I bid thee farewell...
About a year ago my parents bought home the DVD box set of season one. Having heard pretty much nothing about the show other than that it was good and was very comicbook-esque, they sat down the entire family and we all watched the pilot together.
It quickly became apparent, however, that this was NOT a child's show. My younger sister disappeared because of the violence and sex, and my brother found the subtext and thematic messages a bit too much for him to handle, but my parents and I had an amazing time watching the entire first season within the span of about a month.
A great deal of the reason I loved the show was due to the main villain, Sylar. At first, he was simply creepy, an unknown entity that lurked in the shadows and left a trail of broken bodies behind- you worked up to the great reveal, and we had no idea who or what he was when Gabriel was first introduced. And then his storyline emerged- his backstory especially hit me hard because I emphasized with him. He was special, and he knew it, and he was trapped being normal with normal people with normal lives who were complete oblivious to the fact that a) there was something bigger and better out there, and b) that he belonged right in the thick of it. I've been there. Granted, I was about twelve at the time, and I like to think I've matured, but it still hit hard. I looked at Gabriel and thought to myself 'Wow, if things were different, that would totally be me'.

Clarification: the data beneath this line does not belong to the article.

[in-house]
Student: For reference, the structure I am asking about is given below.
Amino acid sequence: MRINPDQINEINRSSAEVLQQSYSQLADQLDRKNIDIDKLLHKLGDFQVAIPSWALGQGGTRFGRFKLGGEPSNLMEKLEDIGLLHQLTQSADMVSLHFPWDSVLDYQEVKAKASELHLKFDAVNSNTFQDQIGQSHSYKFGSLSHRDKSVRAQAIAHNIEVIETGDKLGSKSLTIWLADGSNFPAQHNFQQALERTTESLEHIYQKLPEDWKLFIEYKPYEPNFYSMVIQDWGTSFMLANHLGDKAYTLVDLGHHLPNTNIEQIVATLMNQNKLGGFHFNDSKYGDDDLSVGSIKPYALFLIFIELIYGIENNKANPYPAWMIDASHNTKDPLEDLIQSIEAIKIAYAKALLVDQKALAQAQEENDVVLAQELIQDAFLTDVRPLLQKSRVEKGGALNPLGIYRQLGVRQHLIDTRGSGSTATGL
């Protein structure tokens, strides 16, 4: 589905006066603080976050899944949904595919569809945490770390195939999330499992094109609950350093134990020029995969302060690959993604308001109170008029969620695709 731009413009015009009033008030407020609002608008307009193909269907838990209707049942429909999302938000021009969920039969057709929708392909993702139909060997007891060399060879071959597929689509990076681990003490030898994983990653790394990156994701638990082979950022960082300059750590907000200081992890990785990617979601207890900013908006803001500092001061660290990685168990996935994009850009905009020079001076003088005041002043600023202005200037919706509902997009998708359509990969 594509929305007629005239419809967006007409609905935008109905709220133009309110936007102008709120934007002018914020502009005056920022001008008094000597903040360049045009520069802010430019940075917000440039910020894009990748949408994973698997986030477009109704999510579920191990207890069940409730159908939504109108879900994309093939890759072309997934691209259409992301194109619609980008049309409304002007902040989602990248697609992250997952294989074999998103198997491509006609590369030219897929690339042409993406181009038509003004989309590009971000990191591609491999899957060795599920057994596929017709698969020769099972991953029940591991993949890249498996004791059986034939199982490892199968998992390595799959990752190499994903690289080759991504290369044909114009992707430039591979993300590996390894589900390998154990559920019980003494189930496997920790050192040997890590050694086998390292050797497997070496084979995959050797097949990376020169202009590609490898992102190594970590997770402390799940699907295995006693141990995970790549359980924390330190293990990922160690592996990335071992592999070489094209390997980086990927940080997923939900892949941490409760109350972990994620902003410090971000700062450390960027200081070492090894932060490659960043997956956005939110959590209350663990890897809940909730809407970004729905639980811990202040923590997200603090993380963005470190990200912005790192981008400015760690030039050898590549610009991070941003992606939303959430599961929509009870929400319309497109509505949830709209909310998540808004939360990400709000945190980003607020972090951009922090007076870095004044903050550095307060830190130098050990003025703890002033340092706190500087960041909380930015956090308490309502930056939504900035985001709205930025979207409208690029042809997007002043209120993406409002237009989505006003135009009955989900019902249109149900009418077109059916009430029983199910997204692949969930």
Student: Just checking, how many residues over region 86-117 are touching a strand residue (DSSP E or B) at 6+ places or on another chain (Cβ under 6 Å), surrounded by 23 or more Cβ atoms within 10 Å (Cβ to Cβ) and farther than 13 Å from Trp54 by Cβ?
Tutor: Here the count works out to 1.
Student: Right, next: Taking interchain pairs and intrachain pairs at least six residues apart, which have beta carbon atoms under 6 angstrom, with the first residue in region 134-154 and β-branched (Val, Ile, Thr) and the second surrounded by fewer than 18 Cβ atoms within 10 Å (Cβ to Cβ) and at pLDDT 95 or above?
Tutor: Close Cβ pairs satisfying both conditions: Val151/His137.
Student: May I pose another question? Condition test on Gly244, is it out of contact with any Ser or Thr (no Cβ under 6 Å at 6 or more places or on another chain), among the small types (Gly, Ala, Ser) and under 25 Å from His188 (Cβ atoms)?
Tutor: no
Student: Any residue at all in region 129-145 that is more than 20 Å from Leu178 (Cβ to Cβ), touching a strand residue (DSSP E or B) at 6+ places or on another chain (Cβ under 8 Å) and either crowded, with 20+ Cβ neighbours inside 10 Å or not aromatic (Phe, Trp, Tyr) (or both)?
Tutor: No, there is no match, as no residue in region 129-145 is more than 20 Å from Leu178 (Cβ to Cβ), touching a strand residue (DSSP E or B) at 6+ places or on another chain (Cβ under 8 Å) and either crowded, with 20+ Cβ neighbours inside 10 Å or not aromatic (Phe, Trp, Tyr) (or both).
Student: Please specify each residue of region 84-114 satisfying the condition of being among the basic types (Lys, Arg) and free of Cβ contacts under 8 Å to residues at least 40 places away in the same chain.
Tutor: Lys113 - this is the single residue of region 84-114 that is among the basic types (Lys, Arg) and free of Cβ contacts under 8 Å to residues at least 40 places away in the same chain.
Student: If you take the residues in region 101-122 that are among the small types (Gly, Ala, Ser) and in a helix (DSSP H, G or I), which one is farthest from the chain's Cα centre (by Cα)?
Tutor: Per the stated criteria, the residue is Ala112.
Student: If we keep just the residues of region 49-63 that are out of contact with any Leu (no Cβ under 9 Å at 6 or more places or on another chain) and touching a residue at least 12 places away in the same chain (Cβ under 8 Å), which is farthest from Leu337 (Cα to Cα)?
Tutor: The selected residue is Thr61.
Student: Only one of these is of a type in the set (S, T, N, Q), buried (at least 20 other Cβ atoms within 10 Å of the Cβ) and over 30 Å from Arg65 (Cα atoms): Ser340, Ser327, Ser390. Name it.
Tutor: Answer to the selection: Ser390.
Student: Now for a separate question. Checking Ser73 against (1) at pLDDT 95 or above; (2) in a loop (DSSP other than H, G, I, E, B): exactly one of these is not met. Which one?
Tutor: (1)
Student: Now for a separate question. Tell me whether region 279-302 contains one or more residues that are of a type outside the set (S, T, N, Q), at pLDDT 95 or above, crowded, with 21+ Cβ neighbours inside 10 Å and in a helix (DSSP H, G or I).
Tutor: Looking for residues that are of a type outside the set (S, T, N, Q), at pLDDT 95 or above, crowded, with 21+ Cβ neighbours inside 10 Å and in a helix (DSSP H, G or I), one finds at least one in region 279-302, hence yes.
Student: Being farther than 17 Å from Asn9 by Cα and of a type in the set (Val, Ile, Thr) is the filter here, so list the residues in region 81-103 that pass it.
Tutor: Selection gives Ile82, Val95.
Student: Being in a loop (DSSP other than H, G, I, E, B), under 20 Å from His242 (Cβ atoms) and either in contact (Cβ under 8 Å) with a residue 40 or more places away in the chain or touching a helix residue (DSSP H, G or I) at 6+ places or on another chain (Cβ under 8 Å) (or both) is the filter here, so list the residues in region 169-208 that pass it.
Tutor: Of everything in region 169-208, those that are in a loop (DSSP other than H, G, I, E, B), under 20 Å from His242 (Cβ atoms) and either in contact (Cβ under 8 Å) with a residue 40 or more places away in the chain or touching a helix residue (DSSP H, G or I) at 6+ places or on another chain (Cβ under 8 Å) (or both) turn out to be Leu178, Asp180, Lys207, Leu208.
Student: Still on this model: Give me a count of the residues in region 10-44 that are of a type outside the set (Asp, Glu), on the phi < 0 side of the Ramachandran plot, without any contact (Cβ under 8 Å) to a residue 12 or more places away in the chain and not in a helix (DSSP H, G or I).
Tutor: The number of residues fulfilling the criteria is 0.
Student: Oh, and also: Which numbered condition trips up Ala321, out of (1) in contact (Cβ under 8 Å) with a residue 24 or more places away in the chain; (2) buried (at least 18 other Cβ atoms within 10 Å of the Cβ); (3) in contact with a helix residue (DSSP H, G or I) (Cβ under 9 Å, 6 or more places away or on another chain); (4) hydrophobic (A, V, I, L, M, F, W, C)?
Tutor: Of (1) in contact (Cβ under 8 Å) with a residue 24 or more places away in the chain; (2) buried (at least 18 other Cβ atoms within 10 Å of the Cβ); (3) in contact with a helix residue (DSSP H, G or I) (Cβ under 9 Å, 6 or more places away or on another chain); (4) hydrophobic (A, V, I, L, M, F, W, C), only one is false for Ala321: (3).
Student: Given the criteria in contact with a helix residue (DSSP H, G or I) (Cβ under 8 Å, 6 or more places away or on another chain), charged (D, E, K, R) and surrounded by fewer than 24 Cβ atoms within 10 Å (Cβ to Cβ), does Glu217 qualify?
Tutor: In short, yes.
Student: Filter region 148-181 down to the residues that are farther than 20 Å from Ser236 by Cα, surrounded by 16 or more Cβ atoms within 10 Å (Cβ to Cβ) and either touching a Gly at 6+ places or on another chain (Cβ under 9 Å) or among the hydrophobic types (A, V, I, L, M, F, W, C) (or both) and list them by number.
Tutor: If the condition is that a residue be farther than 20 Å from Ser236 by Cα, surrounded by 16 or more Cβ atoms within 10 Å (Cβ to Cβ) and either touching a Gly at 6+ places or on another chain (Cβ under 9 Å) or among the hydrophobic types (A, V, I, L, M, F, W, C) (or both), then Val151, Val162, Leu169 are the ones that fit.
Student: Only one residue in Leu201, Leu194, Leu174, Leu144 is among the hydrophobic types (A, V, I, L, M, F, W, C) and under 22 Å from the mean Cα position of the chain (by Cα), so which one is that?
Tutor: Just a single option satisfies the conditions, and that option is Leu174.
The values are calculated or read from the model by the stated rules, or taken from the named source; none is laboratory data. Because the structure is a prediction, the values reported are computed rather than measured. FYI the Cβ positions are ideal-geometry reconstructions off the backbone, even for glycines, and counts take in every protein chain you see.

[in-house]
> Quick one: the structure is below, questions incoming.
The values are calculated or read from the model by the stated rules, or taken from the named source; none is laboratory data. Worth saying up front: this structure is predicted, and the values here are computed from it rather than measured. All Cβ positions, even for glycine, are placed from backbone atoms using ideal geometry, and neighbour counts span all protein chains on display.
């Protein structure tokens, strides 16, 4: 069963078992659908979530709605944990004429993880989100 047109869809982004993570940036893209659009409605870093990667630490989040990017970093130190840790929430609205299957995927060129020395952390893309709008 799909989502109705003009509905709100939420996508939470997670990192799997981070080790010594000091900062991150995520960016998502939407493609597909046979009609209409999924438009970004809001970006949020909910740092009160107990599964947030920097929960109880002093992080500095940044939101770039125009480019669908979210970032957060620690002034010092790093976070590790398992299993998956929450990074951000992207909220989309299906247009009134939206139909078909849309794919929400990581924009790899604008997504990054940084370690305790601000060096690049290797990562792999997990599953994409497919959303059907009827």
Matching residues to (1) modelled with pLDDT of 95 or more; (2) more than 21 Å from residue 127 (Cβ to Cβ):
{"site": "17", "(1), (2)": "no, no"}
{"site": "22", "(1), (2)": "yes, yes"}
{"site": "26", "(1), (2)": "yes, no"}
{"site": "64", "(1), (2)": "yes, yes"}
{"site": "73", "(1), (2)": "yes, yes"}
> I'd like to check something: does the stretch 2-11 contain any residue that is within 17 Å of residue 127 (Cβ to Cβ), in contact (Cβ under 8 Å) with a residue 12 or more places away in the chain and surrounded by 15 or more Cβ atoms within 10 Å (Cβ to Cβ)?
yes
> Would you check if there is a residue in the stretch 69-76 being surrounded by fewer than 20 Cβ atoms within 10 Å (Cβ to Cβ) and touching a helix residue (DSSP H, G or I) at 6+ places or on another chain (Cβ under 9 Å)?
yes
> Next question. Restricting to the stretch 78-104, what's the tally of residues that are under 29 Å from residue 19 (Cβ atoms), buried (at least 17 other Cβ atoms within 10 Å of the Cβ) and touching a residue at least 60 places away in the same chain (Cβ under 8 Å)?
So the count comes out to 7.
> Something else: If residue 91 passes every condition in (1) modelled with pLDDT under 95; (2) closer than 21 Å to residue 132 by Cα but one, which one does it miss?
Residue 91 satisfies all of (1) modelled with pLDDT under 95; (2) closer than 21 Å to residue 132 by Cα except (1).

So, Sylar worked on a purely character level. Check.
He was also good for the story. He was nebulous and creepy when we needed a faceless villain. He was manipulative when he was stalking Mohinder and Sandra and we needed some reason for him to interact with those characters without alarm bells ringing in their heads. He combined both when he was Nathan!Sylar, and we could still see little throwbacks to poor frustrated Gabriel when he snuck in to grab some sprinkle-topped frozen yogurt before going to stalk his next victim and when he spoke to Mohinder about being special and being saved by him. He was also something the character's had in common; the villain to Peter and Hiro's heroics, the catalyst for change for Nathan and the Company, an obstacle to be removed for Bennet, the boogeyman for Molly and, to a lesser extent, Claire, the subject of intense and personal hatred for Mohinder, and a dangerous criminal for Matt. He bought them together as much as the Company did, as much of their powers did, and the plot of the first season wouldn't have worked without him.